Author Information

Paul N. Hinz
Mario R. Pareja

Is the first presenter a student?

No

Type of Submission

Paper/Presentation

Abstract

The advantages of repeating experiments in several locations and years are discussed and standard methods of analysis are reviewed. The methods assume that the same treatments are used in each experiment. This paper discusses a method used for a combined analysis when the treatments represent levels of a quantitative factor but differ among experiments. The method makes use of multiple regression analysis in which a continuous variable represents treatment levels, classification variables represent experiments, and products of the continuous and classification variables represent differences among experiments. The method is illustrated on data from a series of experiments designed to study the relationship of grain yield of soybeans as affected by the density of the weed species velvetleaf. The analysis determined that yield loss was linearly related to weed density but that the slope of the relationship differed among years. The slope differences were correlated with August rainfall, and a model is suggested that accounts for both within-experiment variability due to weed density and between-experiment variability due to August rainfall

Keywords

combined experiments, multiple regression, velvetleaf, soybean

Creative Commons License


This work is licensed under a Creative Commons Attribution-Noncommercial-No Derivative Works 4.0 License.

Share

COinS
 
Apr 30th, 4:15 PM

A COMBINED ANALYSIS OF EXPERIMENTS WHEN TREATMENTS DIFFER AMONG EXPERIMENTS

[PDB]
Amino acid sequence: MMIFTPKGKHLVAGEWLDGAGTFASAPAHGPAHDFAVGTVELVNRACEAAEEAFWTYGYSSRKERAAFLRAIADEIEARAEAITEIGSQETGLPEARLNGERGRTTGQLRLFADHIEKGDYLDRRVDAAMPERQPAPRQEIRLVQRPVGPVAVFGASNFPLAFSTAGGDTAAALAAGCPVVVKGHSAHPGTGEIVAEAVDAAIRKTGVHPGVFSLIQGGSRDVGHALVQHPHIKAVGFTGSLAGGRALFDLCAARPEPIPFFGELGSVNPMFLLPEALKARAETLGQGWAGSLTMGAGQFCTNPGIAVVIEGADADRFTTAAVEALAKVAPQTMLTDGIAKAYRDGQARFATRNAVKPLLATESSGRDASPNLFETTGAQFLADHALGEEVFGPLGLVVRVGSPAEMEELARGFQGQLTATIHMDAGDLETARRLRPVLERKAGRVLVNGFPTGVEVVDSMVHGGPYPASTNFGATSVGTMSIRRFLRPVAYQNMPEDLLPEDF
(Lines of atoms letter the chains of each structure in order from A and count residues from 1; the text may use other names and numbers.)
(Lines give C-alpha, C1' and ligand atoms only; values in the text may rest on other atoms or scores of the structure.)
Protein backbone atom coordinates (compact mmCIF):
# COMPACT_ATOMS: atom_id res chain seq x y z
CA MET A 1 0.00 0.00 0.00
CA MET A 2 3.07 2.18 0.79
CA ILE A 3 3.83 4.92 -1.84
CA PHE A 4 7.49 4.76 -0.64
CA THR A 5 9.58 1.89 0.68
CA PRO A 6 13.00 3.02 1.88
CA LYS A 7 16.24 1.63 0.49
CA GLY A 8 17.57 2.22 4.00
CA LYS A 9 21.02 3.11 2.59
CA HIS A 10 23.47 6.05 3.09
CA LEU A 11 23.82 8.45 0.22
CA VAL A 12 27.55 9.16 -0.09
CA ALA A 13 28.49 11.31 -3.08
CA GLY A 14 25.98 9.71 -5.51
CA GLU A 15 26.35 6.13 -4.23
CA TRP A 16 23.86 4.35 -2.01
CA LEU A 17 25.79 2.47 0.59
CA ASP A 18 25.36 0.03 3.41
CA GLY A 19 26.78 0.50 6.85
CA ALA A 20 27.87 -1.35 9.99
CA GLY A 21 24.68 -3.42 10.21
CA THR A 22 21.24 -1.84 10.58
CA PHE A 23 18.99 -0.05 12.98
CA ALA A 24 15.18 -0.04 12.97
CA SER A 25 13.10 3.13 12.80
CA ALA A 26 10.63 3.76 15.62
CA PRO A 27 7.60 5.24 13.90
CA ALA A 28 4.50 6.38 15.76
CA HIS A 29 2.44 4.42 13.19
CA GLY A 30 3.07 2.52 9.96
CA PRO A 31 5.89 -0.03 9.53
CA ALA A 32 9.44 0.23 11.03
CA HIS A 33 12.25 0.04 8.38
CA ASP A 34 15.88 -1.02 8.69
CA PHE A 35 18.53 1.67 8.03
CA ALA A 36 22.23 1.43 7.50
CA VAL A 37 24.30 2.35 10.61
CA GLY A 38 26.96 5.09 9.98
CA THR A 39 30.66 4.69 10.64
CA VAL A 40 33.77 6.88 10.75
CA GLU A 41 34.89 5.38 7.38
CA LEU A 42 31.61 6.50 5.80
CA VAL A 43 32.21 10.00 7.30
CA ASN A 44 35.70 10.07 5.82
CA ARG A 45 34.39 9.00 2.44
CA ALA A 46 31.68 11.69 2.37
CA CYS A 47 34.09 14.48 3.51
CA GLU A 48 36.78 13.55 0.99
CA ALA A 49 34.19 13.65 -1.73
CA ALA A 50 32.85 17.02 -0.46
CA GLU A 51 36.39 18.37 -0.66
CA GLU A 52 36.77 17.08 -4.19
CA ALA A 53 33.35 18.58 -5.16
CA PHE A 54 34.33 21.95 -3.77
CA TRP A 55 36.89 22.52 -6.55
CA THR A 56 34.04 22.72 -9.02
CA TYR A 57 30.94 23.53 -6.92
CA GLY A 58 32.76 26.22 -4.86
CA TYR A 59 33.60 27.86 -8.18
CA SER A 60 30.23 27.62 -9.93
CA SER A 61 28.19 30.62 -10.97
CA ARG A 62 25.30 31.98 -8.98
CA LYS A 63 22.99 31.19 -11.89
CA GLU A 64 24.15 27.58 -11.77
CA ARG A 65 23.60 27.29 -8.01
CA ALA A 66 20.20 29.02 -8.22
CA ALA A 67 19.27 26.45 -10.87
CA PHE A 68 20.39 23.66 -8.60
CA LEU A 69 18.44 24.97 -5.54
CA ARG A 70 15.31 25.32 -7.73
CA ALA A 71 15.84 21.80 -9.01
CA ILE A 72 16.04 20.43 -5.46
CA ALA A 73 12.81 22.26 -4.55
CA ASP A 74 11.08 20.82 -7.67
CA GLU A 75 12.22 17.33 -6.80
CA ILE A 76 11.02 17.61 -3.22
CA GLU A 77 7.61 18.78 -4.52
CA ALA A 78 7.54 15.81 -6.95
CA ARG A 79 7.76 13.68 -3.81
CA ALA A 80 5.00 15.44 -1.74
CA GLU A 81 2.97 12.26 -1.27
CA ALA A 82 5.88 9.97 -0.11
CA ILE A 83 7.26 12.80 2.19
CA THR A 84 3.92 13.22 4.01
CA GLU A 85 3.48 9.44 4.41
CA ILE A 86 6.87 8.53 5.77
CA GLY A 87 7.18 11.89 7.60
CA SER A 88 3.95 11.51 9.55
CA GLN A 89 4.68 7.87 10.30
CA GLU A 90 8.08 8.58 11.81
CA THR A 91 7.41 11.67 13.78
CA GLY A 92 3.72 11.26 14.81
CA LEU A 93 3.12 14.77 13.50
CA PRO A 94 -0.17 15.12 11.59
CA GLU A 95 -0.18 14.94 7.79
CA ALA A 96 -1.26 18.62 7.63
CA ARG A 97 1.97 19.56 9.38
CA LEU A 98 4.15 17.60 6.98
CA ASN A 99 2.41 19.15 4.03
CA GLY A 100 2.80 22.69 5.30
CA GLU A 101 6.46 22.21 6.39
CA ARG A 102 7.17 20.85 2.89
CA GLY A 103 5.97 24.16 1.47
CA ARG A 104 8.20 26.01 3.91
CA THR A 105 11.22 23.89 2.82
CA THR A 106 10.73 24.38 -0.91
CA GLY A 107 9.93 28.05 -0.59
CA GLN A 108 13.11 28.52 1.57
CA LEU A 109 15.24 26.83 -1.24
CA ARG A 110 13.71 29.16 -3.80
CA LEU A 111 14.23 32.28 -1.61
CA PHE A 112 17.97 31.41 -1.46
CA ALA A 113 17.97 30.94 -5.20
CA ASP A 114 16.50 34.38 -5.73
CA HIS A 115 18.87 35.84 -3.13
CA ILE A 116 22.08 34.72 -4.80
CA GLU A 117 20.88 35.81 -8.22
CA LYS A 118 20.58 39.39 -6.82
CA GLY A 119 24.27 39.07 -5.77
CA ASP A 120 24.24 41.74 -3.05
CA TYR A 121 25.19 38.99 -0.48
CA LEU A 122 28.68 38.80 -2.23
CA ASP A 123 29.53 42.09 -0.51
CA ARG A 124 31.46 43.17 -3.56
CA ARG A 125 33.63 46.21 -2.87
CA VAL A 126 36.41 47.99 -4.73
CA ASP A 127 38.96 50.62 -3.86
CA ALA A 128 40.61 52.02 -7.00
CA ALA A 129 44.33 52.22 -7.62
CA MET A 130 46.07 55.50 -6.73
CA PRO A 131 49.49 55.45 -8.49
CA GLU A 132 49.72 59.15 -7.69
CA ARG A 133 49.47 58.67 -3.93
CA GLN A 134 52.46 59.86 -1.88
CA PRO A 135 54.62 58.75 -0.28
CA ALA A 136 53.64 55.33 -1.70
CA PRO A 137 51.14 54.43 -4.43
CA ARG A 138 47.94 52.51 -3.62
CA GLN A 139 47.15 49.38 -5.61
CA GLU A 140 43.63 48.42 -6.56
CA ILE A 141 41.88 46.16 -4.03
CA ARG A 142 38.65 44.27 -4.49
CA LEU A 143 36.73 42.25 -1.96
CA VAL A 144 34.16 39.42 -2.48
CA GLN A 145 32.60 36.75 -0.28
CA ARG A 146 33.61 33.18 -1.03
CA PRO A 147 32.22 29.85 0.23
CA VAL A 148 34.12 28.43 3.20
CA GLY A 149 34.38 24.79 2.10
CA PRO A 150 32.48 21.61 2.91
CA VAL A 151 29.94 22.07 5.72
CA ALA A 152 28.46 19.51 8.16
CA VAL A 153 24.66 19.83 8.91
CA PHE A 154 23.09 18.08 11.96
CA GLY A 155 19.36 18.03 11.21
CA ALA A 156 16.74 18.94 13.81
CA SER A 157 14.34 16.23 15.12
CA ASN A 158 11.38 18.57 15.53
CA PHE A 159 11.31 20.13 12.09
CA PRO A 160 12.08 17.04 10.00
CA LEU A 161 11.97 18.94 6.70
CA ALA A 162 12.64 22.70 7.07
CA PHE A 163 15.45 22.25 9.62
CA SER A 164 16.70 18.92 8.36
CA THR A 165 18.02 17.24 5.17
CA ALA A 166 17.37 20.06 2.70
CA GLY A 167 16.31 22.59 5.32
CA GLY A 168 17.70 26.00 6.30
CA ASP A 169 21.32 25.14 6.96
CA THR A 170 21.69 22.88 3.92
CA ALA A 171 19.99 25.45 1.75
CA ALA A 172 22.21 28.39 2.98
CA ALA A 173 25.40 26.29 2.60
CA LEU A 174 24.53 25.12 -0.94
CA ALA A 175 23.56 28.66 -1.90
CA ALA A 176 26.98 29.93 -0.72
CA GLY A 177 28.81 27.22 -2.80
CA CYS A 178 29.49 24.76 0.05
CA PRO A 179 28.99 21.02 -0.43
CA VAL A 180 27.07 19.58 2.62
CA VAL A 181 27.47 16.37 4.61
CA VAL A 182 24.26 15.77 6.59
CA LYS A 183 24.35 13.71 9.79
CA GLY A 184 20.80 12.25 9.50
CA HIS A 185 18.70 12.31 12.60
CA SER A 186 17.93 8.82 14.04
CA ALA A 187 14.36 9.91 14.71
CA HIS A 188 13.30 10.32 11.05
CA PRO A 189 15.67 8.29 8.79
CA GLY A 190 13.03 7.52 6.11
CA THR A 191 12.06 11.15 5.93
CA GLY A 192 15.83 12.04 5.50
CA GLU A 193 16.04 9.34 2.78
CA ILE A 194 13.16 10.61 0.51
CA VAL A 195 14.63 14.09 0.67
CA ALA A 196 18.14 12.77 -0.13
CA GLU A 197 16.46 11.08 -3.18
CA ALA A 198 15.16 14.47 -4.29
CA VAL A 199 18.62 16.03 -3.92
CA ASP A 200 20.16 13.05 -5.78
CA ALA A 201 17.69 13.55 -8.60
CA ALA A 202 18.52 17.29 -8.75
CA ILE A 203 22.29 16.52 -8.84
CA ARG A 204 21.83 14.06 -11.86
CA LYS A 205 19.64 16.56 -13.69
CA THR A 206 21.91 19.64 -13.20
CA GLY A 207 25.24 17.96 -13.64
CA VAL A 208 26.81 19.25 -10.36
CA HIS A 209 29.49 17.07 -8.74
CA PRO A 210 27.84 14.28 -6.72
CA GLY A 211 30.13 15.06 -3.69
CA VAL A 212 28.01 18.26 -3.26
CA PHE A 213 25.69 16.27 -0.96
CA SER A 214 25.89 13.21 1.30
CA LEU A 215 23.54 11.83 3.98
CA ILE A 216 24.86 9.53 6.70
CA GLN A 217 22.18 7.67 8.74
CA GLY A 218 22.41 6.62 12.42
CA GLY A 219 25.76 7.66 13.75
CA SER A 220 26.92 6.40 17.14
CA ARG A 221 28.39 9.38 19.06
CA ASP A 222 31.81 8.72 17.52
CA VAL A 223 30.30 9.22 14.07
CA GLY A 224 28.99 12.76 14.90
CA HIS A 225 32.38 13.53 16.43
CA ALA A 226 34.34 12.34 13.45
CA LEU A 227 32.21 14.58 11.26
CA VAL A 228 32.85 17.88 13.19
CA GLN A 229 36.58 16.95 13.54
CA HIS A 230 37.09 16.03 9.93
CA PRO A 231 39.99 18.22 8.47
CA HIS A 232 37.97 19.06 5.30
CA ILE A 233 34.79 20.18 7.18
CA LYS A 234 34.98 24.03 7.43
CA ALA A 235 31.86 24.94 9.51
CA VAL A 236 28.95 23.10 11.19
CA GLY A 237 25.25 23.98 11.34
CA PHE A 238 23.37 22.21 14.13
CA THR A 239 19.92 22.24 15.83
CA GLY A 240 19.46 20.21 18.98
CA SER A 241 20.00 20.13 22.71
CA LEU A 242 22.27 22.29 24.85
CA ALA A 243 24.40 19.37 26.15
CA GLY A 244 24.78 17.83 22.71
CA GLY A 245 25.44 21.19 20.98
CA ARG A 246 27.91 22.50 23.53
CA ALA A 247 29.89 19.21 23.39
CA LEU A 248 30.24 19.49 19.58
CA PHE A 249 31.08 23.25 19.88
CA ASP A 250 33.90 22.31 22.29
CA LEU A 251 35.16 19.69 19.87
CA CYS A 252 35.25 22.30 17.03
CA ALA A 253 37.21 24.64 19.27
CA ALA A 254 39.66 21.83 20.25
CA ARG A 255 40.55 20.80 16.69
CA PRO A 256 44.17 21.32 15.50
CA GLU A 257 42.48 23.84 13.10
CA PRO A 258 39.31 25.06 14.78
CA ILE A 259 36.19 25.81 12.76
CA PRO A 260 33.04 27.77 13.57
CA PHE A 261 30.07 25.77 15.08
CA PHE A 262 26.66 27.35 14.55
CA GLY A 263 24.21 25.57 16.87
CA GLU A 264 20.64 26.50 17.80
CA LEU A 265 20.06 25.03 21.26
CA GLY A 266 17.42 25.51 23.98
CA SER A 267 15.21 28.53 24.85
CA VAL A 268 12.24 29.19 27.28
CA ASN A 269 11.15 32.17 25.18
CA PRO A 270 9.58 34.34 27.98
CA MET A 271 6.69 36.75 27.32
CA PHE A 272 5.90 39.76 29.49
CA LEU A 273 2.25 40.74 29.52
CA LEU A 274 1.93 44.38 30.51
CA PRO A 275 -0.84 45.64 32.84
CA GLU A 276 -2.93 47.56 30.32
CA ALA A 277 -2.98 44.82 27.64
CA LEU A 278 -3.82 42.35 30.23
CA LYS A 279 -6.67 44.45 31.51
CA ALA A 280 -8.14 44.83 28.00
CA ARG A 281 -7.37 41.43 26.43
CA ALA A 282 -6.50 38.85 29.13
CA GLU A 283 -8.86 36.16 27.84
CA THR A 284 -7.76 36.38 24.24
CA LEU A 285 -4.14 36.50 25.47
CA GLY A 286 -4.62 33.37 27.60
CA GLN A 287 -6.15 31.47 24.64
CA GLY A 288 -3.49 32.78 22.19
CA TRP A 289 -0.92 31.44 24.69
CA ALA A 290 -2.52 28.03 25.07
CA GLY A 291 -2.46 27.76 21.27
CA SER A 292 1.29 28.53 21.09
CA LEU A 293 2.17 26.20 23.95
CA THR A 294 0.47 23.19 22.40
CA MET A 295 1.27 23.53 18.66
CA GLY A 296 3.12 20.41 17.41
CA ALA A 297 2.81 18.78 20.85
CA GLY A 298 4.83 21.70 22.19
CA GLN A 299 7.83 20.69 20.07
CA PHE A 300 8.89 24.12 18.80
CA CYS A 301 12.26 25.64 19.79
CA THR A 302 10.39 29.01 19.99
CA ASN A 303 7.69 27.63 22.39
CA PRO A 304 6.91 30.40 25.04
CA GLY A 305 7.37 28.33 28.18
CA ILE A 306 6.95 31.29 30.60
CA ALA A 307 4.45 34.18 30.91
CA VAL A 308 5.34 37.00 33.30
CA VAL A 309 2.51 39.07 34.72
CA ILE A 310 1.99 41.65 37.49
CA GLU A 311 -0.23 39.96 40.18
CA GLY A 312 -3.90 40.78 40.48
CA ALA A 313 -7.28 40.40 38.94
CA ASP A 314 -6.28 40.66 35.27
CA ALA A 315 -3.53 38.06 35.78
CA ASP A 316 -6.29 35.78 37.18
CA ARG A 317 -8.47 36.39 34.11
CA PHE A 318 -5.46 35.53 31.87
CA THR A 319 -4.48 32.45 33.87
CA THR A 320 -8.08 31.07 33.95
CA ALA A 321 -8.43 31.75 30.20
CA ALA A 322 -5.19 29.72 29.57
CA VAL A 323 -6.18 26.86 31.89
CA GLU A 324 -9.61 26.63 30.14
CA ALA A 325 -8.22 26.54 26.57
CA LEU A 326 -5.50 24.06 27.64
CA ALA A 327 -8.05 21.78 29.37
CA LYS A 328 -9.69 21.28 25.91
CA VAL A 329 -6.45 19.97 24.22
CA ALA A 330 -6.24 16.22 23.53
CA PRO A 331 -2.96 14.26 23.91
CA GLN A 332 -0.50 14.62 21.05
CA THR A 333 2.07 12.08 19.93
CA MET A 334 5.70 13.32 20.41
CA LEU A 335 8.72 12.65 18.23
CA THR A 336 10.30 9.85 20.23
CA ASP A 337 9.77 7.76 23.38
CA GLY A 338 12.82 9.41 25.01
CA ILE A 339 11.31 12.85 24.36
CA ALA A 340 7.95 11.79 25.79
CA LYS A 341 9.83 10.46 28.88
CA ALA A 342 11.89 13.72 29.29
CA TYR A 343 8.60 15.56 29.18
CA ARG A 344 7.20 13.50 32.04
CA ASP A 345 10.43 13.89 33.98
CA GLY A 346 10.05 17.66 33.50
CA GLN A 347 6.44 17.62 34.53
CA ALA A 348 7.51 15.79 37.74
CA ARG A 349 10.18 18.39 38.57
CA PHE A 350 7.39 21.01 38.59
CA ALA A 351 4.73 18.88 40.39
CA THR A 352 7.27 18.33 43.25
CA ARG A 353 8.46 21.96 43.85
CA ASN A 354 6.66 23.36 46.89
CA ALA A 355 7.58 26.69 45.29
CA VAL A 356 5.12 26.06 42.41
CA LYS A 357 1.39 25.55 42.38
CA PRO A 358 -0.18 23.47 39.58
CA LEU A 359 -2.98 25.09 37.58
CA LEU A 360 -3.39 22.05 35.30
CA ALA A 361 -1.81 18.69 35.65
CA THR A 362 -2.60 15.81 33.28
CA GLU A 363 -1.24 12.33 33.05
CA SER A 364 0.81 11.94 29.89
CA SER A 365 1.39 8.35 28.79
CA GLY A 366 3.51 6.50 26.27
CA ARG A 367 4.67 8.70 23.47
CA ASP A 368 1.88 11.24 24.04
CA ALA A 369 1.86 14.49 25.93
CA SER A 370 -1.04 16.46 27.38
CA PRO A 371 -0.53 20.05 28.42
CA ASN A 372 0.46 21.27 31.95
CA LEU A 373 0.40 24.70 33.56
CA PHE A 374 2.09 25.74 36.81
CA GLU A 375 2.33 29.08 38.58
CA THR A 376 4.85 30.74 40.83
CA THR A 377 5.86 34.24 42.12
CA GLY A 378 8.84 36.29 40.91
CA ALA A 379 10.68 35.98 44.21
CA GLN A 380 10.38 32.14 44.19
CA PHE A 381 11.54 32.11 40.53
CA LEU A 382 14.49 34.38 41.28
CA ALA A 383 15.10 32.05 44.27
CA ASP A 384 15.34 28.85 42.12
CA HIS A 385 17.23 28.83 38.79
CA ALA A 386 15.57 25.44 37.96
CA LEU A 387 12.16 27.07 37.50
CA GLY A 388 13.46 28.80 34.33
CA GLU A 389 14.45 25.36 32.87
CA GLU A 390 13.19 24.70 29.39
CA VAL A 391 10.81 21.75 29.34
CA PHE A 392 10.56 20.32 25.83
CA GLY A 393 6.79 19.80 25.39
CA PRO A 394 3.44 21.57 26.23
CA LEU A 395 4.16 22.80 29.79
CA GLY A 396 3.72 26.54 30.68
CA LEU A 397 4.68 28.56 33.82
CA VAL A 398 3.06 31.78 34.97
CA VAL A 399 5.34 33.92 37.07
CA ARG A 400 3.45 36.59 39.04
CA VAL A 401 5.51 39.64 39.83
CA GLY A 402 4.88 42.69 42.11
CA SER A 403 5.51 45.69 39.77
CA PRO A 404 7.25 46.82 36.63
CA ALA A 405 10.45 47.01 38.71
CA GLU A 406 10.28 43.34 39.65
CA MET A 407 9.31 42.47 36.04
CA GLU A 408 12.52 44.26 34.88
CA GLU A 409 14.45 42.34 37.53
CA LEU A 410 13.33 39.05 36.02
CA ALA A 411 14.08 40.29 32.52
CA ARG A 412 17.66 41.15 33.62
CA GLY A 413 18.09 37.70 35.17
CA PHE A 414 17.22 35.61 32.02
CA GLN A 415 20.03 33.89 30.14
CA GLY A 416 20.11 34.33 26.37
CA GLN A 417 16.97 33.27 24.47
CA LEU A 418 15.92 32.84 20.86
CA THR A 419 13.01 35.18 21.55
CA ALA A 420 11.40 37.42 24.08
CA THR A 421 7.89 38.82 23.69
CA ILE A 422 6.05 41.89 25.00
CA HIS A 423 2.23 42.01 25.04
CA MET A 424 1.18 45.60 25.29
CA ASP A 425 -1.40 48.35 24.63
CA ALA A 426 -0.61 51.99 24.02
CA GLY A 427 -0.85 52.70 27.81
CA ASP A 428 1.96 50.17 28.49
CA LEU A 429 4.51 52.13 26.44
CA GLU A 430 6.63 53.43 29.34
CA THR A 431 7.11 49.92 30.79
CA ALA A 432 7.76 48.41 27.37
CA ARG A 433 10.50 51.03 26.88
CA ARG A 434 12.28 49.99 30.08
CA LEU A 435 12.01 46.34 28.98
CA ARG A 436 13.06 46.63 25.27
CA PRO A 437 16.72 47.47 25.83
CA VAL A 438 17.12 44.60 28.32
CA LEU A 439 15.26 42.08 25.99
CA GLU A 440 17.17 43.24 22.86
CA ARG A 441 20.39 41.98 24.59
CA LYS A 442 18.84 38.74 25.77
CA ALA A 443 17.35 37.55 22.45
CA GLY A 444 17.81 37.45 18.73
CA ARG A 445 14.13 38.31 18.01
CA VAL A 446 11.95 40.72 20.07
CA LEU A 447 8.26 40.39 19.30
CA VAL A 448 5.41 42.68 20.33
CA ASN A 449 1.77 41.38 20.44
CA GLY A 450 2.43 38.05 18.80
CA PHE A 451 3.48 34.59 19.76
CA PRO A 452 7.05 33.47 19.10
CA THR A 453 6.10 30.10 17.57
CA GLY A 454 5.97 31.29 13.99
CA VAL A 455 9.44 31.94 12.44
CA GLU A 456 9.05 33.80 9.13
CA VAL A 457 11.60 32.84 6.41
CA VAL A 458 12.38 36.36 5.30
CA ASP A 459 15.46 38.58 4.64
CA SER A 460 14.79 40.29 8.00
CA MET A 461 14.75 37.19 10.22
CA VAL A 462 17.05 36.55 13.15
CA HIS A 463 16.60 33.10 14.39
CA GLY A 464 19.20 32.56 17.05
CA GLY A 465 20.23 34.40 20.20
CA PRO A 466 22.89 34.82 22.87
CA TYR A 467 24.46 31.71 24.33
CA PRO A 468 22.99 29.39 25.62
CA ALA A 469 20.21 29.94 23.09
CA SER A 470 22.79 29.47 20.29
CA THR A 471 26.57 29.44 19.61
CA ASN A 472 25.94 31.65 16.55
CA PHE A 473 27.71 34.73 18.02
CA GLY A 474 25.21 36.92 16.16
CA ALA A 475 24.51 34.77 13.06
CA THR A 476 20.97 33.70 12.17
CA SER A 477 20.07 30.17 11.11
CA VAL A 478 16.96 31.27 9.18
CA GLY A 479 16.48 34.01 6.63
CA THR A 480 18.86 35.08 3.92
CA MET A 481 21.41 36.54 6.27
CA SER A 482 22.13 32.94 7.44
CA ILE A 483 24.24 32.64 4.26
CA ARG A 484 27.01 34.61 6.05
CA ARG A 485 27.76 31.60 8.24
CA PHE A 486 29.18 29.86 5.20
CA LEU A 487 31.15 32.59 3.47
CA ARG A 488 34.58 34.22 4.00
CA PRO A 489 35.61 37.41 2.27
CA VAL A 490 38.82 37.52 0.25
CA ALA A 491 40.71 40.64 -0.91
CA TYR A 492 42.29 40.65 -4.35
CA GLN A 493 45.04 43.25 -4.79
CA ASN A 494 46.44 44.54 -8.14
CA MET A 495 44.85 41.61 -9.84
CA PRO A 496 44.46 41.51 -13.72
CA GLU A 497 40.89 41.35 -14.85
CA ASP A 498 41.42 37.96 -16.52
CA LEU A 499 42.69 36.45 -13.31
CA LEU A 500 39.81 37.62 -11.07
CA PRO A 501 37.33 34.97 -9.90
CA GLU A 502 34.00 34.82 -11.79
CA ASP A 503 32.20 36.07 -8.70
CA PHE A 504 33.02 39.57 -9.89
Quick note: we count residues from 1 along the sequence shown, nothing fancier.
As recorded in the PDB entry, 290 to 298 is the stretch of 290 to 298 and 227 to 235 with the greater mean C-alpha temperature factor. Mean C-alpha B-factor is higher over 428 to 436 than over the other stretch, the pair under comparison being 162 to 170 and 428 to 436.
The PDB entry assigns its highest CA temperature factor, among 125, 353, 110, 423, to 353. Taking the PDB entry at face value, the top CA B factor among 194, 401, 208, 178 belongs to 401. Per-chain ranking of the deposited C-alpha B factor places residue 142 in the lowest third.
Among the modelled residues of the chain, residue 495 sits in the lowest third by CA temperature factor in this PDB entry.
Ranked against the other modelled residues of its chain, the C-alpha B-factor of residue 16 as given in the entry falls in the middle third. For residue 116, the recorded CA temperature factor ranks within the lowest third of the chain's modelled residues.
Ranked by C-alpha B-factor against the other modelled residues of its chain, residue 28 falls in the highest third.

The advantages of repeating experiments in several locations and years are discussed and standard methods of analysis are reviewed. The methods assume that the same treatments are used in each experiment. This paper discusses a method used for a combined analysis when the treatments represent levels of a quantitative factor but differ among experiments. The method makes use of multiple regression analysis in which a continuous variable represents treatment levels, classification variables represent experiments, and products of the continuous and classification variables represent differences among experiments. The method is illustrated on data from a series of experiments designed to study the relationship of grain yield of soybeans as affected by the density of the weed species velvetleaf. The analysis determined that yield loss was linearly related to weed density but that the slope of the relationship differed among years. The slope differences were correlated with August rainfall, and a model is suggested that accounts for both within-experiment variability due to weed density and between-experiment variability due to August rainfall